Introduction to the Set of 135 Taiwan Protestant Church Distribution vs Education and Income Levels Maps

This set of Taiwan Protestant church distribution vs education and income levels maps was made in order to provide a means for examining what relationships might be seen between the relative strength of the Protestant churches in a given area and the education and income levels of the residents of that area.

The geographical distribution of the Protestant churches in Taiwan is displayed on each map by using a color code that assigns different colors to each township or large city district depending on the value of the population divided by the number of Protestant churches ratio for that area. In Taiwan this ratio ranges from a low of 218 to a high of 49,593. In the major cities of Taiwan this ratio ranges from 5,802 (for Taipei City) to 9,767 (for Hsinchu City). The overall statistics for all of Taiwan show that this ratio is 7,162, meaning for every 7,162 people in Taiwan there is one Protestant congregation. The yellow and green areas on the maps show where Protestant churches are relatively more plentiful. The orange and red areas show where Protestant churches are very few in relation to the size of the population. The blue and purple areas show where the presence of Protestant churches falls into a middle range. (The data used to calculate the population divided by the number of Protestant churches ratios is from the 2007 – 2008 Taiwan Church Handbook, published by the Christian Information Center, located in Taichung City.)

Median income of individuals levels and various measures of the education levels were added to the basic geographical distribution of Protestant churches maps. This enables one to look for relationships that might be seen between church distribution and education and income levels.

Five different measures of education levels were mapped against the church distribution for each county and major city of Taiwan. These five measures were:

l. “Ten Level Map”. This is the basic map that shows church distribution vs the percentage of the population that falls into each of ten different levels of highest educational attainment. These ten levels are: % illiterate, % self taught, % elementary school graduate, % junior high school graduate, % high school graduate, % vocational high school graduate, % five-year junior college graduate, % university graduate, % having a MS degree, and % having a PhD degree.

2. “Five Level Map”. This map shows the church distribution vs the percentage of the population that falls into five different levels of highest educational attainment. These five levels are: % illiterate, % self taught, % elementary school graduate, % junior high school graduate, and % all levels above junior high school graduate.

3. “Four Level Map”. This map shows the church distribution vs the percentage of the population that falls into four different levels of highest educational attainment. These four levels are: % illiterate; % self taught, elementary school graduate, or junior high school graduate; % senior high school graduate, vocational high school graduate, or five-year junior college graduate: and % university graduate, attained a MS degree, or attained a PhD degree.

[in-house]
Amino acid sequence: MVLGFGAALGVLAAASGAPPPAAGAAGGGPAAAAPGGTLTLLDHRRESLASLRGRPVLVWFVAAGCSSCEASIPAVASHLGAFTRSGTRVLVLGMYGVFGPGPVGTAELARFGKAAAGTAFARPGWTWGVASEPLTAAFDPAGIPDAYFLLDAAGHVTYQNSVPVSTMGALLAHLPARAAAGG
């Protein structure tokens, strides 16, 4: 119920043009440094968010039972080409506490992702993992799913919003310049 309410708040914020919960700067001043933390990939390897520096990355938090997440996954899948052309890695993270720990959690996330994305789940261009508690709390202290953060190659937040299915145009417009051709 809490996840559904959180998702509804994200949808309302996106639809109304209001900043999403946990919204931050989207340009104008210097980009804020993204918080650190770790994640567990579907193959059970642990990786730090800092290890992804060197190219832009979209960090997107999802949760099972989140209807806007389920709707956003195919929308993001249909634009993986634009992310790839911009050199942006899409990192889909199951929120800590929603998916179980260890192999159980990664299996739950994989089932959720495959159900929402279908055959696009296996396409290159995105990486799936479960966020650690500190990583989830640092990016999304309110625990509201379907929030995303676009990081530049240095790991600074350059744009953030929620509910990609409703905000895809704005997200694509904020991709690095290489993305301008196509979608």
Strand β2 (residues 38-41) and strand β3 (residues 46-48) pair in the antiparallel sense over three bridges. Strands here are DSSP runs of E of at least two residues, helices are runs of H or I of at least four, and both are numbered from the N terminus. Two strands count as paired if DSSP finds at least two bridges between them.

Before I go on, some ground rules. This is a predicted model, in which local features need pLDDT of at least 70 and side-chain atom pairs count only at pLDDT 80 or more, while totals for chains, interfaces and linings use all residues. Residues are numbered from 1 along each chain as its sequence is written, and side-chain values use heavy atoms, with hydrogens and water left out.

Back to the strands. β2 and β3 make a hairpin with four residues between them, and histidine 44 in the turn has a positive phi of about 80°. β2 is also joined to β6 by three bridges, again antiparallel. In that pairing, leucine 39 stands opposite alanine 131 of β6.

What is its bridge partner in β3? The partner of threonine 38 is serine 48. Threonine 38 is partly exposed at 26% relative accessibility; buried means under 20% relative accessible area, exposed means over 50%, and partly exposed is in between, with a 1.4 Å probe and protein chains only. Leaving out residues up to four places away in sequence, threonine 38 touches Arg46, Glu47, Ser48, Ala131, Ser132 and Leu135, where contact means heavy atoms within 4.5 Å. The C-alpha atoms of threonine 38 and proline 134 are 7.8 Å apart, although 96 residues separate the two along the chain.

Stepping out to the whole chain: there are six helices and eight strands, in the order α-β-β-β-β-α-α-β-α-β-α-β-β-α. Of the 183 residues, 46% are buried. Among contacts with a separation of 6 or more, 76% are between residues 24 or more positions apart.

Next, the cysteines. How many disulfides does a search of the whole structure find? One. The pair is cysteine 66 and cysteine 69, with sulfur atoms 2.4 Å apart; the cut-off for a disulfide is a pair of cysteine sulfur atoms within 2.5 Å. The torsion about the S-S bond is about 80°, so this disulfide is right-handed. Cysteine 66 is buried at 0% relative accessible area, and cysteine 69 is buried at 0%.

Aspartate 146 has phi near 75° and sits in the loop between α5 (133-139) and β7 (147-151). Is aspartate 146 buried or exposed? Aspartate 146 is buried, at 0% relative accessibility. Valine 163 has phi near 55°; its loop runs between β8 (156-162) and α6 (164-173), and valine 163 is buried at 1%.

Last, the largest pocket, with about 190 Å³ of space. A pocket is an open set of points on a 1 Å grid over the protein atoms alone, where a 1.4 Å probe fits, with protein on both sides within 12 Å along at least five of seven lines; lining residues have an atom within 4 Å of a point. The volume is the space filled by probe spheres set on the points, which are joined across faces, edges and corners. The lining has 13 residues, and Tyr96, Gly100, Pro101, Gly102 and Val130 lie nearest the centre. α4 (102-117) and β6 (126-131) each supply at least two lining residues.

4. “Junior High Level Map”. This map shows the church distribution vs the percentage of the population that falls into one of two groups: 1.) Those whose highest educational attainment is junior high school graduate, or lower, and 2.) Those whose highest educational attainment is above junior high school graduate.

5. “College Level Map”. This map also shows the church distribution vs the percentage of the population that falls into one of two groups: 1.) Those whose highest educational attainment is below university graduate, and 2.) Those whose highest educational attainment is university graduate, or have attained a MS degree or a PhD degree.

Using these five maps the examination of the church distribution in a given area vs the highest educational level attained by the residents in that area can be approached from different angles. The Junior High Level maps and the College Level maps may be particularly useful because they divide the population of each area into two groups only. The Junior High Level maps compare church distribution with the percentage of people in each area who have a relatively low level of education. The College Level maps, on the other hand, compare church distribution with the percentage of people in each area who have a high education level.

The sixth map made for every county and major city in Taiwan is one that shows church distribution vs a measure of income. Only one measure of income was available for these maps: the median income of individuals. Statistics for household income were not available.

The highest educational attainment levels and median income of individuals levels used in these maps are from the government’s Taiwan Manpower Utilization Surveys of 2005 and 2006. This data was not available for 69 (19.3%) of the 358 subdivisions of Taiwan. Each area for which this data was not available is indicated on the maps.

This set of 135 maps is being presented to the Christian community in Taiwan with the hope that the maps will yield useful insights for evangelism, discipleship, and the starting of new churches in all parts of the island. May God bless the Church in Taiwan and cause its growth in every city, town, and country area.


George McFall

The Evangelical Alliance Mission (TEAM)

October, 2008

© 2019 Taiwan Missionary Fellowship 臺灣基督教傳教士協會
Design by schefa.com